Punya Mishra is Associate Dean of Scholarship & Innovation and Professor in the Mary Lou Fulton Teachers College at Arizona State University (with an affiliate  position in the Herberger Institute for Design and the Arts). As associate dean, he leads a range of initiatives that provides a future-forward, equity driven, approach to educational research and scholarship. He is internationally recognized for his work in technology integration in teaching; the role of creativity and aesthetics in learning; and the application of collaborative, design-based approaches to educational innovation. With over 45,000 citations of his research, he is ranked among the top 2% of scientists worldwide and the top 100 scholars who have the biggest influence on educational practice and policy in the United States. He is also an award-winning instructor, an engaging public speaker, and an accomplished visual artist and poet. More here…

Latest blog posts

The Postman always rings twice: Unpacking McLuhan (3/3)

The Postman always rings twice: Unpacking McLuhan (3/3)

This is the third of three blog posts about how media influence our thinking. The first post, used the invention of writing and print to unpack the meaning of McLuhan’s statement, “The medium is the message.” The second post, focused on a story by Ted Chiang that...

Unpacking McLuhan’s “The medium is the message” (1/3)

Unpacking McLuhan’s “The medium is the message” (1/3)

This is the first of a series of blog posts about how media influence our thinking. This, the first post, uses the invention of writing and print to unpack the meaning of McLuhan’s statement, “The medium is the message.” The second post, focuses on a story by Ted...

The futures of higher ed with Phoebe Wagner

The futures of higher ed with Phoebe Wagner

The Center for Science and the Imagination at ASU runs a series of short stories and virtual gatherings that explore issues related to transformative change. Essentially they solicit and publish a (super-short) short story that explores “themes of community,...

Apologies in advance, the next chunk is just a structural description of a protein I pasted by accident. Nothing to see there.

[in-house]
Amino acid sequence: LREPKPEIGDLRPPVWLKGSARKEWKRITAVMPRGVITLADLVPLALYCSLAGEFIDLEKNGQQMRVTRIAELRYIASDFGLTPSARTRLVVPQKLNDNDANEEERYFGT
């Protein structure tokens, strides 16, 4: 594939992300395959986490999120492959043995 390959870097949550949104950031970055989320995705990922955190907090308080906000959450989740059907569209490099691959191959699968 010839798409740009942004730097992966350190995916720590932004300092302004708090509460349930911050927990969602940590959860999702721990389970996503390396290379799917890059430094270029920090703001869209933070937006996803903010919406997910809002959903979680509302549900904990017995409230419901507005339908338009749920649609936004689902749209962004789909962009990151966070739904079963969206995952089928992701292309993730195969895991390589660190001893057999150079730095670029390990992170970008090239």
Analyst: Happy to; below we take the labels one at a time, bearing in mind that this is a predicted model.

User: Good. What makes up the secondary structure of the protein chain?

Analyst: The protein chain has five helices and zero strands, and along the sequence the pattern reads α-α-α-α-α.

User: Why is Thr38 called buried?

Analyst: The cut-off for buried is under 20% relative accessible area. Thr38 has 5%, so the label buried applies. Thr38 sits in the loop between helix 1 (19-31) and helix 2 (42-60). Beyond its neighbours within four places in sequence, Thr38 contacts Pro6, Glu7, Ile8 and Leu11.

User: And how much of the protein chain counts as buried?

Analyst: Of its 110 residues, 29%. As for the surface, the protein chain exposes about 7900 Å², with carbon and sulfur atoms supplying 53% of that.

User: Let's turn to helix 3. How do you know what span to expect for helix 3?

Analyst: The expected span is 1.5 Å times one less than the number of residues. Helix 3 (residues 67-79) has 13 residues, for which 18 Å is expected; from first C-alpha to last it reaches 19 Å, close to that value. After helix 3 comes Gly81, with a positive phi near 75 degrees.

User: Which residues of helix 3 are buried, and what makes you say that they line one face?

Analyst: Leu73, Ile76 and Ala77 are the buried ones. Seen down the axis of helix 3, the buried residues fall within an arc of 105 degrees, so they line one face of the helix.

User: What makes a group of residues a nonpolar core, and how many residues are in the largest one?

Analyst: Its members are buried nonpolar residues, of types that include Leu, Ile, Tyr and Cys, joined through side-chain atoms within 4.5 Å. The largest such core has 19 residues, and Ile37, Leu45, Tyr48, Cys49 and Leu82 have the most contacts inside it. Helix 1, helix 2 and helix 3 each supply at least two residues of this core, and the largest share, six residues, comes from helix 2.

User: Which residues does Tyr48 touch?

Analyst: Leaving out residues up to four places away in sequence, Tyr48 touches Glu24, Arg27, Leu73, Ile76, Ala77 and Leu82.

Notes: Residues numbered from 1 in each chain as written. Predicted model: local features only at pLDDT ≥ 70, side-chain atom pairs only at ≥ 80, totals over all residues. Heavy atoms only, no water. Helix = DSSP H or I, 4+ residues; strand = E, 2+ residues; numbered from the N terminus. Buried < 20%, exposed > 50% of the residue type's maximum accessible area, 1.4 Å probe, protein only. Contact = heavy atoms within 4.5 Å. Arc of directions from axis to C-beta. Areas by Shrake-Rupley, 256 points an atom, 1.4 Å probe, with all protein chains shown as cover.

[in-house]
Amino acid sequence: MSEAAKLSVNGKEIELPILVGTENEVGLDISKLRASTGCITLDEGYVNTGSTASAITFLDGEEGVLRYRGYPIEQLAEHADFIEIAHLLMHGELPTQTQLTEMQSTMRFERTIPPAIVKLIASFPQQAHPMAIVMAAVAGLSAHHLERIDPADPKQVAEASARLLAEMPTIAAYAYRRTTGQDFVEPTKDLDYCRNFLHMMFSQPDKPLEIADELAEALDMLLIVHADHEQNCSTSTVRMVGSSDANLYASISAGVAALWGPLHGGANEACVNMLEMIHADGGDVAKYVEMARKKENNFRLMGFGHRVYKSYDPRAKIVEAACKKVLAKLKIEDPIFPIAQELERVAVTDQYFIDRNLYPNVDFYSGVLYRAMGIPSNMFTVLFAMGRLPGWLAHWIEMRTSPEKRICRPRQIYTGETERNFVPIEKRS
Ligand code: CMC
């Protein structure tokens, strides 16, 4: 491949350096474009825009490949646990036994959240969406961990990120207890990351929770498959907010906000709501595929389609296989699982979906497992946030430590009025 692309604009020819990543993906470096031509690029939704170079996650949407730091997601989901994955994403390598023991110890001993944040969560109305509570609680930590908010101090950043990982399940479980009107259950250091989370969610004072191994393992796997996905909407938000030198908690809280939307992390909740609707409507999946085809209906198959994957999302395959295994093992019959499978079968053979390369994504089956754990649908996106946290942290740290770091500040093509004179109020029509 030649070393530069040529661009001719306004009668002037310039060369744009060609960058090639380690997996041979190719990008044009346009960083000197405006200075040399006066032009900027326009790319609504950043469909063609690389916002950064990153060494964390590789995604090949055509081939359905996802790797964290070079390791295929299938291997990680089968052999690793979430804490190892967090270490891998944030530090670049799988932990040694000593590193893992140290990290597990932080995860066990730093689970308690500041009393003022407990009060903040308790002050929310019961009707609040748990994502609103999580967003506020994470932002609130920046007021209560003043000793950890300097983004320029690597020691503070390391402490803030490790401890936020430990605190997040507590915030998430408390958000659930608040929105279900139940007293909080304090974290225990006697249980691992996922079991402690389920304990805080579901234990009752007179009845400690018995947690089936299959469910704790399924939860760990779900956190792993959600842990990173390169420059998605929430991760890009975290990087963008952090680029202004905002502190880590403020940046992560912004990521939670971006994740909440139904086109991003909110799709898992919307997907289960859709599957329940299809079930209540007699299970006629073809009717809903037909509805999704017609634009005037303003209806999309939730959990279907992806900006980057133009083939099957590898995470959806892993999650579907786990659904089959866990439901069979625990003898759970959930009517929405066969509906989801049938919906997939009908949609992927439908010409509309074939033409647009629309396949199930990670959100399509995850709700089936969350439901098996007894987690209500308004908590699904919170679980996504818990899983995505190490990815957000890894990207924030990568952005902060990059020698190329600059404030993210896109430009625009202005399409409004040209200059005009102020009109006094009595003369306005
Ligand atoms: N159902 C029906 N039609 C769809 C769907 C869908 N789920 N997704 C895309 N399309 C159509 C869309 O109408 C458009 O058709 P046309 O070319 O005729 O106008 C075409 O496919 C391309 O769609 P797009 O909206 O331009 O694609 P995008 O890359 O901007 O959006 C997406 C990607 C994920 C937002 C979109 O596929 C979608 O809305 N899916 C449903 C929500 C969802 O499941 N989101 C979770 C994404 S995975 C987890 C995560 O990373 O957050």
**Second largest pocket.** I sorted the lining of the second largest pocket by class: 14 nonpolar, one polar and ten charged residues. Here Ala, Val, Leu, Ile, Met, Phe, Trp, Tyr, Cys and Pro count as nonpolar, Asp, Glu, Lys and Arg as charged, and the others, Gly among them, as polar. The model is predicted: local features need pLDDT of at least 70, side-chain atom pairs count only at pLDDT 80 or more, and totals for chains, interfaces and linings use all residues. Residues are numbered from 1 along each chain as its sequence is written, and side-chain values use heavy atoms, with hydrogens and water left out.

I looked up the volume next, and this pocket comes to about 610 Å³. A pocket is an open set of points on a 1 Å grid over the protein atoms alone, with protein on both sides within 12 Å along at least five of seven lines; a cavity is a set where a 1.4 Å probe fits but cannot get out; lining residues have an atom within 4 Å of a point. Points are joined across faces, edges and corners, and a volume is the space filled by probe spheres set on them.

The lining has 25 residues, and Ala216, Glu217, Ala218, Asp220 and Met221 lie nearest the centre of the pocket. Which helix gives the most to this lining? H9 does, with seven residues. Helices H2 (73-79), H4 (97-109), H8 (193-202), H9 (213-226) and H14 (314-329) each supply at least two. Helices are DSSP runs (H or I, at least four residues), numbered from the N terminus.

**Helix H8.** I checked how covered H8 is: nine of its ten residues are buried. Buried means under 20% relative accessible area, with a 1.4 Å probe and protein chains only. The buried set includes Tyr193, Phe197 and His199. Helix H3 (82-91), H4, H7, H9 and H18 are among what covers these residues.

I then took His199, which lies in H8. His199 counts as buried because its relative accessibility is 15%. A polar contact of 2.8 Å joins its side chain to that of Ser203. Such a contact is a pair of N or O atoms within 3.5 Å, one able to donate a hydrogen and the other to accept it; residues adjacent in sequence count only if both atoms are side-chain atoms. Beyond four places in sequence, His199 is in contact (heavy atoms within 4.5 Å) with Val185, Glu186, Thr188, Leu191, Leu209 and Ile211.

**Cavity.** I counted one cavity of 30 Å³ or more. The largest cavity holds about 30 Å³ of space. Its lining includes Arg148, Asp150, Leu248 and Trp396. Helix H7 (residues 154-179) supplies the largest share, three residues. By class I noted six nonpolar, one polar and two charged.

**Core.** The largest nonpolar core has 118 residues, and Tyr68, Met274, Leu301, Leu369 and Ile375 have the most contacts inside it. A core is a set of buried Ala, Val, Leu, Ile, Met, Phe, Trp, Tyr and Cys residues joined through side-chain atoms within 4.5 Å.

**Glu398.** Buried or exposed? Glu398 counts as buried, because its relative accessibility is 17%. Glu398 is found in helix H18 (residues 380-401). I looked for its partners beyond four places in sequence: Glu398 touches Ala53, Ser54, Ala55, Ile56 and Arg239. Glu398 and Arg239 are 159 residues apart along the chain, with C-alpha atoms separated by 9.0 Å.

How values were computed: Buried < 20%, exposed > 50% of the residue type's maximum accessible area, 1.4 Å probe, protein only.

Can a computer program be sentient?

Can a computer program be sentient?

Can a computer program be sentient? Or are machines just getting good at "behaving" in ways that make it seem that way? And what does the work of a 18th century caricature artist (and father of the modern comic book) help us understand what is going on when we...

Cybersecurity & the Future of Education

Cybersecurity & the Future of Education

I was recently interviewed by David W. Schropfer for his DIY Cyber Guy podcast. David is an expert on cybersecurity and, and that is the focus of his podcast. I am clearly not an cybersecurity expert, so I was somewhat surprised at being invited to his show. What...

Silver Lining for Learning as a driver of Innovation

Silver Lining for Learning as a driver of Innovation

We recently celebrated 100 episodes of Silver Lining for Learning (see the 100th episode or read my blog post about the journey). In this process we have had an opportunity to speak with some amazing people – educational leaders, innovators, administrators, deans,...

My favorite(?) failure

My favorite(?) failure

I was recently asked to write a chapter for a book that my colleague Ron Beghetto was editing with Laura McBain, called My Favorite Failure. Failure is never fun - and to pick one that was your favorite, is like deciding what your favorite form or torture is....